New legislation is set to kickstart a ‘decade of delivery’ of charge points in an attempt to meet the infrastructure requirements of the electric vehicle revolution.
New homes and buildings such as supermarkets and workplaces, as well as those undergoing major renovation, will be required to install charge points from next year.
Buildings undergoing large-scale renovations with more than 10 parking spaces will also be required to install charge points.
The government claims up to 145,000 extra charge points will be installed across England each year as a result of the regulations.
There are currently 250,000 home and workplace charge points in operation, with a drastic increase in delivery needed to meet impending infrastructure requirements ahead of the ban on the sale of new petrol and diesel cars in 2030.
The government also aims to introduce simpler ways to pay whilst travelling – such as contactless – at all new fast and rapid charge points.
Prime Minister Boris Johnson is expected to tell the CBI annual conference today: “This is a pivotal moment – we cannot go on as we are. We have to adapt our economy to the green industrial revolution.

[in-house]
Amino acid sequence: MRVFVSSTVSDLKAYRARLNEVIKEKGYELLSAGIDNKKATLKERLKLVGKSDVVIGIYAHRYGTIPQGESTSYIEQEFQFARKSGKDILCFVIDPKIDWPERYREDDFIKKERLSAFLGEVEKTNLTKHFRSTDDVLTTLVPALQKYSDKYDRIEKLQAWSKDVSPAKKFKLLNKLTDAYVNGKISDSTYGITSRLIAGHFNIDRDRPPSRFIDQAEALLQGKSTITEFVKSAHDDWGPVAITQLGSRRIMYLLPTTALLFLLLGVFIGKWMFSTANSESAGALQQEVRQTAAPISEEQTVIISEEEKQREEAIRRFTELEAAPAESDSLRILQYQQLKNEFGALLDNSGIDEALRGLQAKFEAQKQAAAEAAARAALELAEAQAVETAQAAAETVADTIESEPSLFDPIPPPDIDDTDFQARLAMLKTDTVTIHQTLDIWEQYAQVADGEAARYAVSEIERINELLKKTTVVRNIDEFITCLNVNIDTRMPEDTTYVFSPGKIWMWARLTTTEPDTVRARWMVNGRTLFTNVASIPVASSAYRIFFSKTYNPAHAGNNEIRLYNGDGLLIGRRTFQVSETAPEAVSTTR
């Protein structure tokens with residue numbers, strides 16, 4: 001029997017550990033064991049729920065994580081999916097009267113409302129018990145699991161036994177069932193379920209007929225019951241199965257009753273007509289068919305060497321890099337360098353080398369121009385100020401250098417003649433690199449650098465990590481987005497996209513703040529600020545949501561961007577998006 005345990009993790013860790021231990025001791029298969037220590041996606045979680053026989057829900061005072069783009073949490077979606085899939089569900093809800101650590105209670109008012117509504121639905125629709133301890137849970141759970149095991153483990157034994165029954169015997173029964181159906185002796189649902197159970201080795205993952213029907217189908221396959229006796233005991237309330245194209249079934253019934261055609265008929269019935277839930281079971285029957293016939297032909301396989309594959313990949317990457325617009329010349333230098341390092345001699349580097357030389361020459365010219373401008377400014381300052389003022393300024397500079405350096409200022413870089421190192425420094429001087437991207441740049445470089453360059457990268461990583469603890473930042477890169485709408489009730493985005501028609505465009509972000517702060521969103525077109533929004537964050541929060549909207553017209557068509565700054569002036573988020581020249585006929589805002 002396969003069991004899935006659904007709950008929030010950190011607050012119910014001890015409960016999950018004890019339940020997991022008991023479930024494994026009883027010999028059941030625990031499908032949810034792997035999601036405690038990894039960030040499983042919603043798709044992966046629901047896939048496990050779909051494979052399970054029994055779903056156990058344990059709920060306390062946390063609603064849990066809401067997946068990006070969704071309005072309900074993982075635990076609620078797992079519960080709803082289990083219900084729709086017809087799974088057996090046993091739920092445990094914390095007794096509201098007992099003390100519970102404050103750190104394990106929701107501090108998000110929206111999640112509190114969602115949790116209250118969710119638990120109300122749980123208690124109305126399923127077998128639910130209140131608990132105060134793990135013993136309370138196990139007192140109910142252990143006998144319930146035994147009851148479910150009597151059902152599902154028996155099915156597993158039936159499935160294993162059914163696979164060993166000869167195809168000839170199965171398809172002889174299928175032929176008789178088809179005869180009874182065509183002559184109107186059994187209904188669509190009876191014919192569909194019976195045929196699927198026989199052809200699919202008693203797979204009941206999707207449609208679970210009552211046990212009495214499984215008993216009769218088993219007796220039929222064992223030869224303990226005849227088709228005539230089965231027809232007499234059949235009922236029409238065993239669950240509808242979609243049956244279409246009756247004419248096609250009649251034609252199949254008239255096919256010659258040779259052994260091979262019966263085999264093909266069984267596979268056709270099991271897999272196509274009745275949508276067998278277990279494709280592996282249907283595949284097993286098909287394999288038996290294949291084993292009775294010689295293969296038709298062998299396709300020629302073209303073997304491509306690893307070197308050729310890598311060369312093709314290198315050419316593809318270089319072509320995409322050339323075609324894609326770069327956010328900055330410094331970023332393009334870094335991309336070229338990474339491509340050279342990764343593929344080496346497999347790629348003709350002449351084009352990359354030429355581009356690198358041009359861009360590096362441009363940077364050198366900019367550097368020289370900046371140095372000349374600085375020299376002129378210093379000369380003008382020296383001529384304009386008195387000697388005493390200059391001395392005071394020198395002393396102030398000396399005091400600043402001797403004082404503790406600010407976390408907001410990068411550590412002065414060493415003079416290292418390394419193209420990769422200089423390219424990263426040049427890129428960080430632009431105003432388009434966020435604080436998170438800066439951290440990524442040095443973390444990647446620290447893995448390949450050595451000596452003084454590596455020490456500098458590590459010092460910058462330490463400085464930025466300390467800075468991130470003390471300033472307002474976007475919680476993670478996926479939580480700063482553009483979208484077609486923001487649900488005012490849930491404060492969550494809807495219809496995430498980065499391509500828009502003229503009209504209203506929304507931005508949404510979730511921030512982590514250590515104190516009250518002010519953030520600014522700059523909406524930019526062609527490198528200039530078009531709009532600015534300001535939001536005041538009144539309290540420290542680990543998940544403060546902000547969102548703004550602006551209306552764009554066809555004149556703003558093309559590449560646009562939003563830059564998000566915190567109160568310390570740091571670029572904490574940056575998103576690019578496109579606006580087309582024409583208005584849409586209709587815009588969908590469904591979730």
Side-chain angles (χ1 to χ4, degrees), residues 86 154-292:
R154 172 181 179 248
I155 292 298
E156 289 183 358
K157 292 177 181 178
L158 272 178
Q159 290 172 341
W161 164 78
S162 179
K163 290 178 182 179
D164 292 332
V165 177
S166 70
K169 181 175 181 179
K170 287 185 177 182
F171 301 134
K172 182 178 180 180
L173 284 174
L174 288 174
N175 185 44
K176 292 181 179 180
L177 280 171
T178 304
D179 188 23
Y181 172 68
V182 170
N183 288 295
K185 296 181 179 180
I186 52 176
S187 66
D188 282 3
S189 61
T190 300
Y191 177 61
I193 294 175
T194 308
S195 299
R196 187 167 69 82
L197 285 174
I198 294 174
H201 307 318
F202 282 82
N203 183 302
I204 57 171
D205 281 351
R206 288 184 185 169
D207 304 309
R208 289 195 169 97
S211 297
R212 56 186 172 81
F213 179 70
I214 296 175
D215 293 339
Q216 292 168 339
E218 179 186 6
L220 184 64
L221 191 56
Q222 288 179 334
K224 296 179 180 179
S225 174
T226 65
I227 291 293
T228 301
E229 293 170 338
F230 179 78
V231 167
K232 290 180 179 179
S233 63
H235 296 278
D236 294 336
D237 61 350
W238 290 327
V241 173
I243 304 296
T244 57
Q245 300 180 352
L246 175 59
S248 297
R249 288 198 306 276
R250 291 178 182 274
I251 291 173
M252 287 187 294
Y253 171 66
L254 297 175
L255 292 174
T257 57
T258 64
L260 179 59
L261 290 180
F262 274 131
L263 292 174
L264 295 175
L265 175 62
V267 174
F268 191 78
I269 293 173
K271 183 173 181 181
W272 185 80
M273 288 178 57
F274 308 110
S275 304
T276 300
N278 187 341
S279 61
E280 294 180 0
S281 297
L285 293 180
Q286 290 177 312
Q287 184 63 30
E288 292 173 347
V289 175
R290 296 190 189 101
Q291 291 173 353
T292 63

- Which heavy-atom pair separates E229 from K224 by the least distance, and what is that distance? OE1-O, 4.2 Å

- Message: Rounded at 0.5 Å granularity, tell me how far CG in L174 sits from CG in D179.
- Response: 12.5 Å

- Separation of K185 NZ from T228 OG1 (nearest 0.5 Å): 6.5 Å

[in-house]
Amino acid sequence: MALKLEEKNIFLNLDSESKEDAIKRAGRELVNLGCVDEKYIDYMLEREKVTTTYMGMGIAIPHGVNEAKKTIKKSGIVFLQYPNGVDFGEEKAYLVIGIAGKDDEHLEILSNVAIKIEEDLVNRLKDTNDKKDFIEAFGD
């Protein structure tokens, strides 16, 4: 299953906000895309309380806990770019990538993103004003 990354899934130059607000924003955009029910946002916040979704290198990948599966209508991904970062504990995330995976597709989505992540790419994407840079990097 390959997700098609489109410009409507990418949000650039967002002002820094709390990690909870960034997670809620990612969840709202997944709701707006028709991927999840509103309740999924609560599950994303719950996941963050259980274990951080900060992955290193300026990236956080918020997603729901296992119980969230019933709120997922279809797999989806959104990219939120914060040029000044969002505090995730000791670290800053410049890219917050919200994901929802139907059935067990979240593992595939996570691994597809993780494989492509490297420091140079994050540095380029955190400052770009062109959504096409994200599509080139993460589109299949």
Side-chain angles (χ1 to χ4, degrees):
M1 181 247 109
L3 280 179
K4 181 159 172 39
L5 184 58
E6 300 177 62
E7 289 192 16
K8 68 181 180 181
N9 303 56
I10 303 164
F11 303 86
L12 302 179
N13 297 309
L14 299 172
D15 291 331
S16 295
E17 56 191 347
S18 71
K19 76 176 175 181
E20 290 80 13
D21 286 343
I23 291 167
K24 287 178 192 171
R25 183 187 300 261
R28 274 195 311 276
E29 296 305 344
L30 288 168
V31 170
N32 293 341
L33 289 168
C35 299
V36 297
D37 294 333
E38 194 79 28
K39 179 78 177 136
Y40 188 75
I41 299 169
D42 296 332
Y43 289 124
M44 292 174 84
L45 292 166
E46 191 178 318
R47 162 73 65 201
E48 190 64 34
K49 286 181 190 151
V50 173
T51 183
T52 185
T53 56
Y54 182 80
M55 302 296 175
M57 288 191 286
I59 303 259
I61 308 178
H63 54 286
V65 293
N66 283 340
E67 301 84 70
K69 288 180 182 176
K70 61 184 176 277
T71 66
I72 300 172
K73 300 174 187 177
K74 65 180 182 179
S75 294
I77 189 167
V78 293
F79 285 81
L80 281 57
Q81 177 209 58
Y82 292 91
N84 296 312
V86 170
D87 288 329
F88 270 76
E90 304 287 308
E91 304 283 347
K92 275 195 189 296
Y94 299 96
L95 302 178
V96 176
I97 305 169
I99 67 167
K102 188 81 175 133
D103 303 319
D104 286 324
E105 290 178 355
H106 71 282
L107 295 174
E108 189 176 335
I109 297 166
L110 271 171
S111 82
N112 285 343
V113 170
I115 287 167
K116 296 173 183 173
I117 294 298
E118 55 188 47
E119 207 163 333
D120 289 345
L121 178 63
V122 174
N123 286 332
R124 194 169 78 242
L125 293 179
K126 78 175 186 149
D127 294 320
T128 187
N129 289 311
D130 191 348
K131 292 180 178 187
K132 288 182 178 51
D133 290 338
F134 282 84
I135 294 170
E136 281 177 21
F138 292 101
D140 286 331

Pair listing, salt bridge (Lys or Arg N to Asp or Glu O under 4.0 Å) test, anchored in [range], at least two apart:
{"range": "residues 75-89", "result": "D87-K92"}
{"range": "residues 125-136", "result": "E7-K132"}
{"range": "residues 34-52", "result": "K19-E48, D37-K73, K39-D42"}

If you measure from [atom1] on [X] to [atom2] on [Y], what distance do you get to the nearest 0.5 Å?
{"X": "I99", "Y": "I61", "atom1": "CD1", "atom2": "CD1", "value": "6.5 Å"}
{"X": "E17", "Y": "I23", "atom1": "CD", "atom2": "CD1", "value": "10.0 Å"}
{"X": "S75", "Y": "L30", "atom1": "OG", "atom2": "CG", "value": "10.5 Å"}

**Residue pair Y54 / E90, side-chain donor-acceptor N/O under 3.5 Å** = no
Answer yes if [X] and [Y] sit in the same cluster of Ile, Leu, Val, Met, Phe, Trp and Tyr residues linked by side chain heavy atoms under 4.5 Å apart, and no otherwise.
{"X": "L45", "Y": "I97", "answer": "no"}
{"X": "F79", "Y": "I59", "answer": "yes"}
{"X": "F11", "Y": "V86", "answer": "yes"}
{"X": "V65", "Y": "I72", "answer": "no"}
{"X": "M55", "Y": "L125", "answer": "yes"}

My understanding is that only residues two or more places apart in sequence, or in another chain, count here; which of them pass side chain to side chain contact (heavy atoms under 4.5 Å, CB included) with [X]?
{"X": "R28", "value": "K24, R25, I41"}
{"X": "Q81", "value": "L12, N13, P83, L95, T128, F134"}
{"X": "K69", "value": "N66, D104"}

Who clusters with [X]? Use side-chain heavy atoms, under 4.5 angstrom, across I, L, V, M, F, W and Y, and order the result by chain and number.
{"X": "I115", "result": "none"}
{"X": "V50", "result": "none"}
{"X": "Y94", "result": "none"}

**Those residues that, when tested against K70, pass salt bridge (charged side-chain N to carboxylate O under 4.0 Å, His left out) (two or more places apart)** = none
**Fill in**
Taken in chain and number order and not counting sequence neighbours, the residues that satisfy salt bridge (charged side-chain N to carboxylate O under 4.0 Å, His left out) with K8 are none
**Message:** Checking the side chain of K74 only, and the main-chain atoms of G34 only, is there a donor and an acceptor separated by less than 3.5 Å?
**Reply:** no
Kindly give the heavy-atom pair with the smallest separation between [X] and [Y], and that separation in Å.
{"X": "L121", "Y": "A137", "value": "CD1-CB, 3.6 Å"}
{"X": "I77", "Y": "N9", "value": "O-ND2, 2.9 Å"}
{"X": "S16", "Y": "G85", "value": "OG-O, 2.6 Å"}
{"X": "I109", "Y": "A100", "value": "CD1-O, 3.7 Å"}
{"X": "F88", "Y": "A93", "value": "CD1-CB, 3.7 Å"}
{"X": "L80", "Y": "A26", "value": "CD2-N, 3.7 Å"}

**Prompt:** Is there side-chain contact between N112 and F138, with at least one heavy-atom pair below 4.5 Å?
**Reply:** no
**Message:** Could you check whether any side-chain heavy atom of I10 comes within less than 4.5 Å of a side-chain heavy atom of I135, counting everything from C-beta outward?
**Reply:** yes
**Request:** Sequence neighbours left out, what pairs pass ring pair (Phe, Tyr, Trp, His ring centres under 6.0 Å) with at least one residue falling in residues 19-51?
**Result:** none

“We have to use our massive investment in science and technology and we have to raise our productivity and then we have to get out of your way. We must regulate less or better and take advantage of new freedoms.
“We will require new homes and buildings to have EV charging points – with another 145,000 charging points to be installed thanks to these regulations.”
The government has also announced today that, following a successful pilot with businesses, Innovate UK will deliver a new three-year programme of £150m in new flexible and affordable Innovation Loans to help British SMEs commercialise their latest R&D innovations.
This programme supports businesses to grow, scale up and create new highly-skilled jobs in the process, including those who would have otherwise been unable to secure private loans.
Whilst this is open to a variety of sectors, green businesses will be able to apply from early next year, many of whom have already been benefiting during the pilot as the UK transitions to net zero.
It also confirmed nearly £10 million in funding for a first-of-a-kind new hydrogen project in the UK’s largest onshore windfarm near Glasgow.
£9.4 million will be invested into the Whitelee green hydrogen project to develop the UK’s largest electrolyser, a system which converts water into hydrogen gas as a way to store energy and supply local transport providers with zero-carbon fuel.
Developed by ITM Power and BOC, with ScottishPower, it has the potential to store and produce the equivalent of enough green hydrogen to fuel over 200 bus journeys travelling between Glasgow and Edinburgh each day.